UK labour law news

Royal Assent for new Act which introduces trade union membership audit duty

The Transparency of Lobbying, Non-party Campaigning and Trade Union Administration Act 2014 amends TULRCA’s existing section 24 which requires trade unions to maintain an accurate and up-to-date register of members – so far as reasonably practicable. In particular, the Act will require unions to send, annually, to the Certification Officer (CO) a membership audit certificate. Where the trade union has up to 10,000 members, it may self-certify that it has complied with its section 24 duties. Larger unions must appoint a qualified independent person to certify that the trade union's system for compiling and maintaining the register are satisfactory for the purposes of complying with section 24. The Act also contains new related investigatory and enforcement powers for the CO.

Trade unions lobbied against the new audit duty, voicing concerns over extra cost and red-tape, as well as data protection and privacy issues surrounding the disclosure of membership data to assurers and potentially the CO. There are some suggestions of a challenge based on human rights law. Whether, when implemented, the Act will have wider impact remains to be seen, although there is clearly an overlap between the TULRCA duty to maintain an accurate register of members and the strike ballot and notice duties which require a degree of accuracy over identifying those members affected by a potential strike. However, it should be remembered that these duties are not absolute and provide for a margin of error by the trade unions, for example, applying a reasonableness test.

Government trade union disputes review changes course

Following reports of alleged union intimidation of managers during last year’s Grangemouth dispute, the Government announced a review of industrial disputes and the law. The review was expected to “examine whether the law needs to be tightened up to prevent intimidation and harassment”. However, the apparent reluctance of both sides of industry to get involved in the review has, according to a recent report in the FT, led to a change of course. According to the FT, the terms of reference for the review have now been agreed and it is expected to consider whether trade union laws are fit for purpose.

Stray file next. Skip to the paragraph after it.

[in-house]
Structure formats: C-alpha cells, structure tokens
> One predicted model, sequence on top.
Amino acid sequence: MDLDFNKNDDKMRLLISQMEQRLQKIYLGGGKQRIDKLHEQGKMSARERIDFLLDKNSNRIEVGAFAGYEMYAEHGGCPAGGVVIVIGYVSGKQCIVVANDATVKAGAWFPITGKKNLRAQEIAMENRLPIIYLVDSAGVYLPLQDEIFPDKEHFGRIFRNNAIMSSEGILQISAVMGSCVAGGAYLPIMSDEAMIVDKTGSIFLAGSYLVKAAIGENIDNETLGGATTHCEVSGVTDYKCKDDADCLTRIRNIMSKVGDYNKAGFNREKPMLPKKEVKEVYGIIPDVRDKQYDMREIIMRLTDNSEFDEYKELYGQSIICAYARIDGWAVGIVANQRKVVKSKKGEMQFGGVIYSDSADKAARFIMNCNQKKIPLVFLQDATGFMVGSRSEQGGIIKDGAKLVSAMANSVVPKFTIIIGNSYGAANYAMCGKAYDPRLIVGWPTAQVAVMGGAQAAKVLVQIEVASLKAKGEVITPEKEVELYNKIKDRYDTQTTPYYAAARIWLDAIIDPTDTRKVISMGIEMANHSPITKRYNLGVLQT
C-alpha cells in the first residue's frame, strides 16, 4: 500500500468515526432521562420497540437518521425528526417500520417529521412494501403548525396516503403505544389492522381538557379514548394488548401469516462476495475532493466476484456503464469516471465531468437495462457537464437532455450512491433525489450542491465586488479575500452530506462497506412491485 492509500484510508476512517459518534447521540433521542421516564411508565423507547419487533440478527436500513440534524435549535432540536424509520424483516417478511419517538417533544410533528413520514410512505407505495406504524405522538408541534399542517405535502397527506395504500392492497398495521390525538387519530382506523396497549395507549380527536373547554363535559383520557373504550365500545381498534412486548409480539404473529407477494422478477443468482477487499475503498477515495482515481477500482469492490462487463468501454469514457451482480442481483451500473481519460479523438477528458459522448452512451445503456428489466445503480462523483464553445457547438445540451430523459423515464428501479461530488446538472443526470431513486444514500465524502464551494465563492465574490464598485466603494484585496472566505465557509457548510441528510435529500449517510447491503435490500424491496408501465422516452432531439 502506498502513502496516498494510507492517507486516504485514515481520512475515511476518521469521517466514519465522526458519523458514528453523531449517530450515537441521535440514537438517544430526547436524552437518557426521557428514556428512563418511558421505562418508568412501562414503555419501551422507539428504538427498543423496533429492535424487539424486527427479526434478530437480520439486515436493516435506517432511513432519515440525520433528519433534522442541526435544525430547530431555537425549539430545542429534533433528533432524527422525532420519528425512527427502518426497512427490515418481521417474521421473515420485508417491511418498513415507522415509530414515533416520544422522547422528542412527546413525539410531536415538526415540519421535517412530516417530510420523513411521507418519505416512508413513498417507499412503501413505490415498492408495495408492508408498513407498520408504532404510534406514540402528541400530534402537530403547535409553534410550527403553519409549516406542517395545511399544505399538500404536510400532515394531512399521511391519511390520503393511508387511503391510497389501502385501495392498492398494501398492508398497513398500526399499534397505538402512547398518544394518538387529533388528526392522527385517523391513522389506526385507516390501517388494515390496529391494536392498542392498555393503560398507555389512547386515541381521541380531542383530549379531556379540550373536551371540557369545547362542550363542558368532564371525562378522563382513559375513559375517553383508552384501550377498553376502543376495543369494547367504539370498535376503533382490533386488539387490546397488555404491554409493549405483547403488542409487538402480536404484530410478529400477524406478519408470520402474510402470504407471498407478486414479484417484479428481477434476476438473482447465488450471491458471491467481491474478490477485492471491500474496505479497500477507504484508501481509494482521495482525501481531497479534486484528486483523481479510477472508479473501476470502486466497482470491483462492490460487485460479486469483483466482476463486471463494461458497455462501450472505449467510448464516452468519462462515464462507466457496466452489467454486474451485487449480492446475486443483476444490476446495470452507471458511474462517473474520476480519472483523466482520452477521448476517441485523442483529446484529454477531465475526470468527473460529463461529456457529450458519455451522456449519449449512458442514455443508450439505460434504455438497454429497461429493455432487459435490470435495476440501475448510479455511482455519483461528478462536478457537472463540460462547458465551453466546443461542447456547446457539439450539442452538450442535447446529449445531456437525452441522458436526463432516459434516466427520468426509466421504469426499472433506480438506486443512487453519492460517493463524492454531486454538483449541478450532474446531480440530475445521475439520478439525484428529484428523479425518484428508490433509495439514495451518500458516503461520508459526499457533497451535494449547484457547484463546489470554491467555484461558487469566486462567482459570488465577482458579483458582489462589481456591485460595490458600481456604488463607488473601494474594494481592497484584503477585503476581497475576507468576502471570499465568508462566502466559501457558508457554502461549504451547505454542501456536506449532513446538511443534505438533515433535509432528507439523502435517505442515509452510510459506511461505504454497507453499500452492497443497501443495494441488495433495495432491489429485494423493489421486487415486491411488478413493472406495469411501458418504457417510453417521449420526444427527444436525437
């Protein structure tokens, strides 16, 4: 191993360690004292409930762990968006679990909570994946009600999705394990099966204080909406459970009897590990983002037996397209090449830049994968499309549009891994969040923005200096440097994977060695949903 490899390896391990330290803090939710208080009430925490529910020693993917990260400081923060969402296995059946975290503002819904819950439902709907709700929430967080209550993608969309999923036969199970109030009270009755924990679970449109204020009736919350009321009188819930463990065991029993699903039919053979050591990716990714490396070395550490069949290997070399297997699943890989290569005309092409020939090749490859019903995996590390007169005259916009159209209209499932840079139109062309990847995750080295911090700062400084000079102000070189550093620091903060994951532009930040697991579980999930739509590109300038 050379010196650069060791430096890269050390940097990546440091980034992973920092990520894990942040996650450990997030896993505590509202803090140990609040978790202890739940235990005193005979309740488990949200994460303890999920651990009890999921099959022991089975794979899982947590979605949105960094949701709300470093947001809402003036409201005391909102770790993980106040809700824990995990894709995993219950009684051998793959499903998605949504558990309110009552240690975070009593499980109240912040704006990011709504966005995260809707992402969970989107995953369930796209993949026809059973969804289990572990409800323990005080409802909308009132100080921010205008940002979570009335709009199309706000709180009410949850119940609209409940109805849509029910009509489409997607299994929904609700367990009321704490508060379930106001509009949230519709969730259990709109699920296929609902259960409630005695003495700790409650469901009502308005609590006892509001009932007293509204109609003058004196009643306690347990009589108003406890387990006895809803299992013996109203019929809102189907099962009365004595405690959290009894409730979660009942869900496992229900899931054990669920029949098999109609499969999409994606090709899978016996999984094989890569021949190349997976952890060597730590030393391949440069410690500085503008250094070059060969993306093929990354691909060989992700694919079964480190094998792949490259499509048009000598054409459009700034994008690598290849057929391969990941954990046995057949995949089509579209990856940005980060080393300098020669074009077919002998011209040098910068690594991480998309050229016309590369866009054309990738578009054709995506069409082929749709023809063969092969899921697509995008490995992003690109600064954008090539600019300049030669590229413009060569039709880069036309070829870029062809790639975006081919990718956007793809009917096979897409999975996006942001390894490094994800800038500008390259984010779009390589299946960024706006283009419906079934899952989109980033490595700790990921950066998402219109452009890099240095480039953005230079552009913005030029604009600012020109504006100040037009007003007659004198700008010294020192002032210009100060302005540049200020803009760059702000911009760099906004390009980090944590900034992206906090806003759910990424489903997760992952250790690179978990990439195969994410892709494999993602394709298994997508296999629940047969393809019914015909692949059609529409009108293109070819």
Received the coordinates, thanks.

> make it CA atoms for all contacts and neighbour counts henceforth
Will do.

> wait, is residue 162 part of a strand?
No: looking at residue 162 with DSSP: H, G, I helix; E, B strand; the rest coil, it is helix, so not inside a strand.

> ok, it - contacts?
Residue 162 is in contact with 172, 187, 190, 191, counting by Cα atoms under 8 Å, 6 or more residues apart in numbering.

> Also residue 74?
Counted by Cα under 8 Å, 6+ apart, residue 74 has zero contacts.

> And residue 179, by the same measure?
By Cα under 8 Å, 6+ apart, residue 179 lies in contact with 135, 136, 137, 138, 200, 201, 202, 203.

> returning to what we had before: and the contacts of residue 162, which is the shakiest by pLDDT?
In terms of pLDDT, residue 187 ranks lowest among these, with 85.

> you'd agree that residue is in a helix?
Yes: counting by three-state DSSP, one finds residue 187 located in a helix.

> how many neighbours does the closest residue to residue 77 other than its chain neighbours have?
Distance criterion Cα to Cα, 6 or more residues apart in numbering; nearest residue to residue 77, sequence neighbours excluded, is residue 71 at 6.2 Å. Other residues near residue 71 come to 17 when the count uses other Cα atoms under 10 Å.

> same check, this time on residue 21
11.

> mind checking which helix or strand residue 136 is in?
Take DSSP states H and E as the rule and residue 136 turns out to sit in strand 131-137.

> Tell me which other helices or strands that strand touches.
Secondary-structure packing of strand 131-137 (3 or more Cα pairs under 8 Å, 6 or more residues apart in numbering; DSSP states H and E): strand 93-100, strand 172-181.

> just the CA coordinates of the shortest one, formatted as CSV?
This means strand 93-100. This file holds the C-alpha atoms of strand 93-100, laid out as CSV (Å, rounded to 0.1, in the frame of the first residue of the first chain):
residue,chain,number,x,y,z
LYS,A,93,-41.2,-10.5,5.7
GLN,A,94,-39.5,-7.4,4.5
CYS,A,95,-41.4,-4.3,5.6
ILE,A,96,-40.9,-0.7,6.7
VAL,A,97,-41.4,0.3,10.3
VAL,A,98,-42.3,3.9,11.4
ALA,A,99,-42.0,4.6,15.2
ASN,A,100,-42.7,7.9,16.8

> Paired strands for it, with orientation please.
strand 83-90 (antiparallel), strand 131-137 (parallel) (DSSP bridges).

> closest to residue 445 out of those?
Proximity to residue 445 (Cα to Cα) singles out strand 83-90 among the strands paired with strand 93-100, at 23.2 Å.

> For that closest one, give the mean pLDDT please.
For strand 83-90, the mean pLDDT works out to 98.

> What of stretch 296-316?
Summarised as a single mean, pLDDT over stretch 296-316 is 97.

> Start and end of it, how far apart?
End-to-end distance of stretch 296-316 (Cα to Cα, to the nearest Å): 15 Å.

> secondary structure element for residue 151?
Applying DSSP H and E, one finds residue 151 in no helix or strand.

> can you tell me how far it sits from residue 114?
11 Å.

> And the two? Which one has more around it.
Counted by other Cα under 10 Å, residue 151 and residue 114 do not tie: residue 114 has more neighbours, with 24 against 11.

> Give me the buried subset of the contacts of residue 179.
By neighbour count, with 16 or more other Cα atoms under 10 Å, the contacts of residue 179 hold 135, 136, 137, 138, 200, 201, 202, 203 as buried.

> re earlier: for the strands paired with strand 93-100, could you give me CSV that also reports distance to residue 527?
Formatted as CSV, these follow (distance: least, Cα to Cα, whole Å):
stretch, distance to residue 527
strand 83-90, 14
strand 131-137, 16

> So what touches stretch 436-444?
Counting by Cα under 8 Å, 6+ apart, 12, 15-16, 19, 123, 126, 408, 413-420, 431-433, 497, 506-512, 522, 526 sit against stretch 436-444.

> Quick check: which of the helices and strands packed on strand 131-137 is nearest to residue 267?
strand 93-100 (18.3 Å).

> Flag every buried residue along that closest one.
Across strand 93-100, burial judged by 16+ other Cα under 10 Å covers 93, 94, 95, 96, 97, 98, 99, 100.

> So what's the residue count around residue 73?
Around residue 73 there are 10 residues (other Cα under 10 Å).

Strike law reform and essential services: what do other countries do?

The London tube strikes in January led again to calls for a reform of UK strike laws reflecting, in part, the low turnout for some RMT and other strikes over recent years. For example, Boris Johnson repeated his wish for a ballot participation threshold, “so that at least 50 per cent of the relevant workforce has to take the trouble to vote, or else the ballot is void.” The CBI has been calling for a requirement that at least 40 per cent of balloted members vote in favour of strikes, while the IOD has said it would support a change to require strikes to be supported by a majority of those balloted.

While the above proposals are not new, recent media reports that the next Conservative Party manifesto could promise to class the London Underground as an "essential service", with a view to agreeing minimum service levels to be maintained during a strike, are. Currently, a ban or a restriction on the right to strike is used narrowly in the UK, for example, in the armed forces and the police. This contrasts with some European countries and internationally where restrictions on the right to strike in essential services are more common.

Such restrictions range from a complete ban on strikes, to agreements to maintain minimum service levels throughout the strike. Unsurprisingly, a ban is used sparingly, for example, where disruption would endanger life or security. In contrast, minimum service level agreements are regarded as a potentially proportionate way of balancing the right to strike with the disruption it causes to essential services. Other restrictions may also apply, for example, a longer notice period before a strike can commence, compulsory participation in conciliation in the period before any strike, a maximum strike duration and restrictions on the intervals between strikes.

What constitutes an “essential service” differs by country, but typically includes utilities, emergency services, air traffic control, mass public transport, healthcare and may include parts of the communication, education, finance and public administration sectors.